American diets really hate on fat, but in fact, your body needs fat for digestion and optimizing bodily functions. In Indian food, clarified butter called Ghee is considered the best fat you can eat.
In Ayurvedic texts, they pronounce that “Ghee is life” – that’s how important it is! When eaten in right amounts, although it is fat, it’ll actually help you lose weight!
I recently witnessed just how powerful fat could be in Alaska, watching salmon swim upstream!
The salmon eat fatty foods in the ocean, and once fall comes, they use up all that fat to swim upstream. Over waterfalls! Some swim up mountains! By the time they get to their destination to lay eggs, they are dried up.
I once fell into a whitewater river, and let me tell you, it is not easy to swim upstream… I actually couldn’t do it! Think of all the fat the salmon burn up just to stay in one place in that stream!
And since nature is so beautiful, bears will eat the fatty salmon swimming upstream in the fall, and use all those stored fats to hibernate the entire winter!
“To get ready for hibernation, animals will eat more than usual during the fall to store up body fat. During hibernation and torpor, they will use up this extra body fat to live off of while not losing any muscle. This allows the animal to come out of hibernation thinner and still as strong as it was before winter.”
We can follow that just like the salmon, if we’re extra active, we need MORE fat, not less. Of course, just like the bears, some people could have stored fat, which we first need to burn off before adding too much more to our diet.
We can also follow the seasons, just as these animals do. Eat more fat in late fall, and burn it off (by exercising, since we don’t hibernate) in the winter, coming out with muscles and less fat in the spring!
These are just my observations from watching nature. Here are some great excerpts from expert Ayurveda books I’ve read on the subject of fat:
“Ayurveda does not leap to either ‘fat is bad’ or ‘fat is great.’ Ayurveda prescribes the responsible use of fats, considering with awareness and caution our own dosha requirements and digestive limitations.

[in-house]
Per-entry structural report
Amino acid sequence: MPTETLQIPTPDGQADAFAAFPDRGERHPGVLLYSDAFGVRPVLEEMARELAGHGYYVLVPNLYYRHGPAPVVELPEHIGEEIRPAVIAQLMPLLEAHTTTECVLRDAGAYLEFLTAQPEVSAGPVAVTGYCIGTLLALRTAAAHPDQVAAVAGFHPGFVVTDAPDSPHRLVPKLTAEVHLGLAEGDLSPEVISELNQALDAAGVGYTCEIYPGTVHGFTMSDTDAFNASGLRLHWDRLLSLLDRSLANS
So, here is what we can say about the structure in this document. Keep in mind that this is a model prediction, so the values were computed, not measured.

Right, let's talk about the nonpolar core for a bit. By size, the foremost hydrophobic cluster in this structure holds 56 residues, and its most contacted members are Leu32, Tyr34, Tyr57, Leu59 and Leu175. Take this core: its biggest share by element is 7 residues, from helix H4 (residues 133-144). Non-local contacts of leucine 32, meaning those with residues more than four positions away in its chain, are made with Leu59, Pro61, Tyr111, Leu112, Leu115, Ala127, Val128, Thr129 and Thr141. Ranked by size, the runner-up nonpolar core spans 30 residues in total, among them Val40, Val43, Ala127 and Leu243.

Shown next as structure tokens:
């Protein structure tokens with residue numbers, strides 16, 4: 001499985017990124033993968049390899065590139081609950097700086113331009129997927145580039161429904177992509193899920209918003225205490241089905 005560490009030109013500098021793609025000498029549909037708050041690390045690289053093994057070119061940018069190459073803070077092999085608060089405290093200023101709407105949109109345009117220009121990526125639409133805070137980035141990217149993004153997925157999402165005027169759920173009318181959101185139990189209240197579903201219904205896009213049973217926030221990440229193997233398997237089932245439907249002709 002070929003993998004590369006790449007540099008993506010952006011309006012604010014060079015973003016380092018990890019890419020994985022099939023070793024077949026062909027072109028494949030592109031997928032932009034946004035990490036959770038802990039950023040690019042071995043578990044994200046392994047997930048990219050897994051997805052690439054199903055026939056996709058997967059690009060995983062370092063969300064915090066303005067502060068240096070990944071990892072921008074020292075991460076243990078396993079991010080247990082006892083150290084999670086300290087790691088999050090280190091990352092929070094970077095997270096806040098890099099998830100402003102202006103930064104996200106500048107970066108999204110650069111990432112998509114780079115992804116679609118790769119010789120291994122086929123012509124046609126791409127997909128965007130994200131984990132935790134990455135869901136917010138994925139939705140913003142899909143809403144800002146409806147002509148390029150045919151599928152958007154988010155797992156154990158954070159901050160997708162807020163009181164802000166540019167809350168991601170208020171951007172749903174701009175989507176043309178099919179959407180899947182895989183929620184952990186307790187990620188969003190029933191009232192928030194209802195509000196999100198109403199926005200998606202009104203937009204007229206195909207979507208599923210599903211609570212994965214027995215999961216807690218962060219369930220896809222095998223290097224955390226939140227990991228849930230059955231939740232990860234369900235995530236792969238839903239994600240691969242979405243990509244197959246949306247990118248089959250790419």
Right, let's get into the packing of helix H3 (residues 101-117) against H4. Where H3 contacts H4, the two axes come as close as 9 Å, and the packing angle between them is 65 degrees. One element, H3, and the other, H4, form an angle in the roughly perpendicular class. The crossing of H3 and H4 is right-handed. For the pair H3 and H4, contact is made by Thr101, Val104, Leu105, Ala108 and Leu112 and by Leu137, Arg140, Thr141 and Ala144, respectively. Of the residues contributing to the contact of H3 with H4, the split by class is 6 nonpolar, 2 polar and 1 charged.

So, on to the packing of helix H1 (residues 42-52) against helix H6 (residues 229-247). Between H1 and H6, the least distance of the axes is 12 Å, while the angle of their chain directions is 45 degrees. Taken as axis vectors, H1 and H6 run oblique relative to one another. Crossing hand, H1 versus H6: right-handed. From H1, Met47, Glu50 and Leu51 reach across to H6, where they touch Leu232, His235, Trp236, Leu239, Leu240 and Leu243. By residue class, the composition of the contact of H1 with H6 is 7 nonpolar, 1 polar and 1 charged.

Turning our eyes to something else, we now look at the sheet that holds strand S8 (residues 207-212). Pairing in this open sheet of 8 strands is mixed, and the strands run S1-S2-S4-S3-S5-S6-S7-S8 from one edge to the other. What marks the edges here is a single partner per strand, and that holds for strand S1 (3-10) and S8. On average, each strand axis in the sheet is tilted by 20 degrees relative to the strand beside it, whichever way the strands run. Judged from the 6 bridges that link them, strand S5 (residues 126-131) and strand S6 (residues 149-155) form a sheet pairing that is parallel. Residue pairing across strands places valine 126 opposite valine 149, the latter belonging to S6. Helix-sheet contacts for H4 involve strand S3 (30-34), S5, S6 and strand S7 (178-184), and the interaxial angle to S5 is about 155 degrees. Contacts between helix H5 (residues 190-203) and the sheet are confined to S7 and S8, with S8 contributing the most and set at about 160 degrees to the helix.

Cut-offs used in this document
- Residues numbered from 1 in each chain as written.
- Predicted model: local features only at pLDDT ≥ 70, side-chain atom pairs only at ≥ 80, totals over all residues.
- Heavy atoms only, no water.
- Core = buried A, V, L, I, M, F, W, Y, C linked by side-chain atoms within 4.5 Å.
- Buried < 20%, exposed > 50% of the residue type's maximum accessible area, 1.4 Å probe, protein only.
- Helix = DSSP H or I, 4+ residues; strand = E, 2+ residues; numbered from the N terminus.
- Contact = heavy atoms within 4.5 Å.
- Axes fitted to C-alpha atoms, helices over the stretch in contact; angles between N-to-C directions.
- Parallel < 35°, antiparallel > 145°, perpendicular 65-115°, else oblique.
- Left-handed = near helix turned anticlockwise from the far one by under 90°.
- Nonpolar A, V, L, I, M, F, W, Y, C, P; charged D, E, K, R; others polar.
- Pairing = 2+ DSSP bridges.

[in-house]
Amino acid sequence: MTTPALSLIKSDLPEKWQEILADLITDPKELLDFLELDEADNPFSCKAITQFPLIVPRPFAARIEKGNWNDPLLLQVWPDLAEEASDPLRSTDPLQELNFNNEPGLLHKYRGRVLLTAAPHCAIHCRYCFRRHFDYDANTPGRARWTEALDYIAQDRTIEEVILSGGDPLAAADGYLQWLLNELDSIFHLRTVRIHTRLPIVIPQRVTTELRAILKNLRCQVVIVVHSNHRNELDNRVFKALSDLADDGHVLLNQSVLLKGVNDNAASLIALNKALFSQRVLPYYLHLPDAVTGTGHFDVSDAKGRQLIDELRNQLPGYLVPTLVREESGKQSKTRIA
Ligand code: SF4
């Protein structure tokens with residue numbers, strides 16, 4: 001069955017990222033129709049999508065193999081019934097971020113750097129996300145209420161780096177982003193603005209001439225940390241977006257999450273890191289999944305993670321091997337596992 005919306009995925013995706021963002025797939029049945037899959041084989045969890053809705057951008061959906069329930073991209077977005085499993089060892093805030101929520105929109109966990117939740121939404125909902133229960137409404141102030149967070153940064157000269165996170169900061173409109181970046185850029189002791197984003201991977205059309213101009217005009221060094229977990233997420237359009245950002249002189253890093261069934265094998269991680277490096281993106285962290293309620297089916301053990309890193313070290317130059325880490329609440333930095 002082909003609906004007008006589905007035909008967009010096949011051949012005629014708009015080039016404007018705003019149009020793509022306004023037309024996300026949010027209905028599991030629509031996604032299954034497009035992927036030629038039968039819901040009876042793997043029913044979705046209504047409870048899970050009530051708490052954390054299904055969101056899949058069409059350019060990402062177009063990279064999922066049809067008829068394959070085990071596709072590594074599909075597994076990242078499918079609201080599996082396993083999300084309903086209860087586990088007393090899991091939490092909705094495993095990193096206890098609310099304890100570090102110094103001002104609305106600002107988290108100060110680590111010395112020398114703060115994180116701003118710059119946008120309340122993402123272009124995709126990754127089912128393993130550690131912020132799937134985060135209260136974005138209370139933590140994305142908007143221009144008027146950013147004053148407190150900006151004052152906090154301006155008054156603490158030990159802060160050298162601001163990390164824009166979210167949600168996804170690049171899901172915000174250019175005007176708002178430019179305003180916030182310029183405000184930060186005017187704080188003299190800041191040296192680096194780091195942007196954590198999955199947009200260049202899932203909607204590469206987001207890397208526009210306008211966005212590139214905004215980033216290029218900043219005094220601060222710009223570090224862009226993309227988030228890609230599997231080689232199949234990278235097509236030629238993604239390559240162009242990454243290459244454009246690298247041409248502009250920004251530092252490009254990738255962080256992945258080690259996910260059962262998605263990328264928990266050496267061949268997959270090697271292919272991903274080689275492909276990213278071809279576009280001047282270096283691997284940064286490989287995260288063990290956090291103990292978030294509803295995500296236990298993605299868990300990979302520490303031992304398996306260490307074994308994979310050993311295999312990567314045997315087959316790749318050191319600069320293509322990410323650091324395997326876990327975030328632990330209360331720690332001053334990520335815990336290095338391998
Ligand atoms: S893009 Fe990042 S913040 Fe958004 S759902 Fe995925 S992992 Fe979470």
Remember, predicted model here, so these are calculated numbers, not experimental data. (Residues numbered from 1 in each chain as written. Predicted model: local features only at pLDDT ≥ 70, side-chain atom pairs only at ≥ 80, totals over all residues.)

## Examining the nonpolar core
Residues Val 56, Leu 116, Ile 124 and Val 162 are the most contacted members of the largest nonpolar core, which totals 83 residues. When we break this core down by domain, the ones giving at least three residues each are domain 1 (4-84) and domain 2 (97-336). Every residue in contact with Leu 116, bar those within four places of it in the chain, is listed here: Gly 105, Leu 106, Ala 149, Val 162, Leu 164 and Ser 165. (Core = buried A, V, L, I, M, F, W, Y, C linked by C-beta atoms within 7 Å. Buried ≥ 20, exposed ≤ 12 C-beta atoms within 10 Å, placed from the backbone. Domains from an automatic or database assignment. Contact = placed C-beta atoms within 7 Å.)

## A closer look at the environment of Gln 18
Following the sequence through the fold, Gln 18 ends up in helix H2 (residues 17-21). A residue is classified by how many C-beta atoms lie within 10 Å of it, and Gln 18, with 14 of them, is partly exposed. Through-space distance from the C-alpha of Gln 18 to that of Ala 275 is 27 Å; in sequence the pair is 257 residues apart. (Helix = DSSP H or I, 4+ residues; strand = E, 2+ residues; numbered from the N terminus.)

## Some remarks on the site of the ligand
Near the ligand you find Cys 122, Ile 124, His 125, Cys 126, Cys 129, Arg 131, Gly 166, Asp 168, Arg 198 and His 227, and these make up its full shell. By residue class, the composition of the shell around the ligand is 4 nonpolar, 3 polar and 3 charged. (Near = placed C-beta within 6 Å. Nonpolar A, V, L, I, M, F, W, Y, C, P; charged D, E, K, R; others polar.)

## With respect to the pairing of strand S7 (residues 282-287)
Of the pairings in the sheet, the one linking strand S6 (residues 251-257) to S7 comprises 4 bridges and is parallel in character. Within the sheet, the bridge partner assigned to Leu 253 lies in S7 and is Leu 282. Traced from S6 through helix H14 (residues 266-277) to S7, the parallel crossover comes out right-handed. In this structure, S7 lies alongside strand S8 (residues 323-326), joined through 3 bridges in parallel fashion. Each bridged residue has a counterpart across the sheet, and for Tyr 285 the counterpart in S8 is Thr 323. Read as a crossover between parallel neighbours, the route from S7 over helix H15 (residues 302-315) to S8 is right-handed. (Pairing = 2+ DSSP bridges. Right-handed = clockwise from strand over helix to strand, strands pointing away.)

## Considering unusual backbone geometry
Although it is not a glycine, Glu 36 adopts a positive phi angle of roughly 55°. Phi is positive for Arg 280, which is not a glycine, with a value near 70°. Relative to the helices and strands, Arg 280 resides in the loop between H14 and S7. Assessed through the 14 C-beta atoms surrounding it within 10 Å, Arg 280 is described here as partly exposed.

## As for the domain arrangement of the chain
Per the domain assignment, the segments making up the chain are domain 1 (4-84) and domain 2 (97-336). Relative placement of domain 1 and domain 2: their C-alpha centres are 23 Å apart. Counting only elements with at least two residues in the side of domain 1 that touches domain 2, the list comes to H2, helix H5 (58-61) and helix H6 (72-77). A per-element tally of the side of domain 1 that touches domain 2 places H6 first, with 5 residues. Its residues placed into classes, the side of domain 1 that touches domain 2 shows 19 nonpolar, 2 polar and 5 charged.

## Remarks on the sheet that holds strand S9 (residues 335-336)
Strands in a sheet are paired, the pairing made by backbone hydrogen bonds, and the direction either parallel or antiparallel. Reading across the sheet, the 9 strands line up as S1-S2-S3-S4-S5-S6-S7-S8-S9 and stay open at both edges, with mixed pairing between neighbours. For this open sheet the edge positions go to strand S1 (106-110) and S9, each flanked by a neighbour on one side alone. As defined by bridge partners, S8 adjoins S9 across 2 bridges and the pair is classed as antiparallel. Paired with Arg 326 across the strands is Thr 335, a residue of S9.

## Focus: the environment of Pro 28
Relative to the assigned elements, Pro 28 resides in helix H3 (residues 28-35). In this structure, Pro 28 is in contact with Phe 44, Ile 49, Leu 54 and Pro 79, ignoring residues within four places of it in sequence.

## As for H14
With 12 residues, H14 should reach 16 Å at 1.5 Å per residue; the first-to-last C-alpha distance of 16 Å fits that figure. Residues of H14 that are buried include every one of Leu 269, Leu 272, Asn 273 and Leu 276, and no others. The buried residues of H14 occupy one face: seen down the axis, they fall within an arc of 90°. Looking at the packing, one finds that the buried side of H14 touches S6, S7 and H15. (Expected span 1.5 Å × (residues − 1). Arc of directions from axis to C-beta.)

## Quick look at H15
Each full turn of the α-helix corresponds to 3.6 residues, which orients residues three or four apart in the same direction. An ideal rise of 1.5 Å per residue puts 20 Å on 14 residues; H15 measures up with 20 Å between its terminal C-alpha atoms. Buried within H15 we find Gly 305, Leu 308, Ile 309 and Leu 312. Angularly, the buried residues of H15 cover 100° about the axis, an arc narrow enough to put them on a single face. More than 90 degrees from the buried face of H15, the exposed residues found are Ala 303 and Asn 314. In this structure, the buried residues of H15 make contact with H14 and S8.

From a commonsense perspective, it’s better to eat rich, fatty foods earlier in the day rather than in the evening. The season as well comes into play. You can eat more ghee in winter, less in summer and fall, and the least (or even none at all) in the spring.
If you suffer from the symptoms of indigestion or toxins, you should abstain from eating ghee or any other fat until you have undergone a physical detoxification.”
“Butter is tonic to the brain, especially after it has been clarified into ghee. One tablespoon of melted ghee with half a teaspoon of sugar or maple syrup early in the morning helps promote mental coolness in Pitta types. Replacing the sugar with a teaspoon of honey helps promote mental cohesion in Vata types.
Ghee increases the digestive fire without increasing Pitta, helps to remove the effects of poisons, promotes beauty, improves the complexion and luster, and is aphrodisiac. It promotes mental stability and intelligence and is a good vehicle for most herbs.”
~ Dr. RobertSvoboda. Prakriti: Your Ayurvedic Constitution
“Ghee is a product made from unsalted butter. It is an excellent appetizer, enkindling agni, and it enhances the flavor of foods. It also helps digestion because it stimulates the secretion of digestive juices.
Ghee also helps to enhance intelligence, understanding, memory and ojas. It relieves constipation if taken with warm milk.
When used with various herbs, ghee carries their medicinal properties to the tissues. Combined with licorice, calamus root or gotu kola, it is used extensively as an Ayurvedic medicinal.”
“Ghee relieves chronic fever, anemia and blood disorders and is useful for detoxification. It does not increase cholesterol as do many other oils and it has anti-vata, anti-pitta and anti-kappa properties. Thus it aids in the balancing of the tridosha. Ghee promotes the healing of wounds and alleviates peptic ulcer and colitis. It is good generally for the eyes, nose and skin.”
~ Vasant Lad. Ayurveda: The Science of Self Healing: A Practical Guide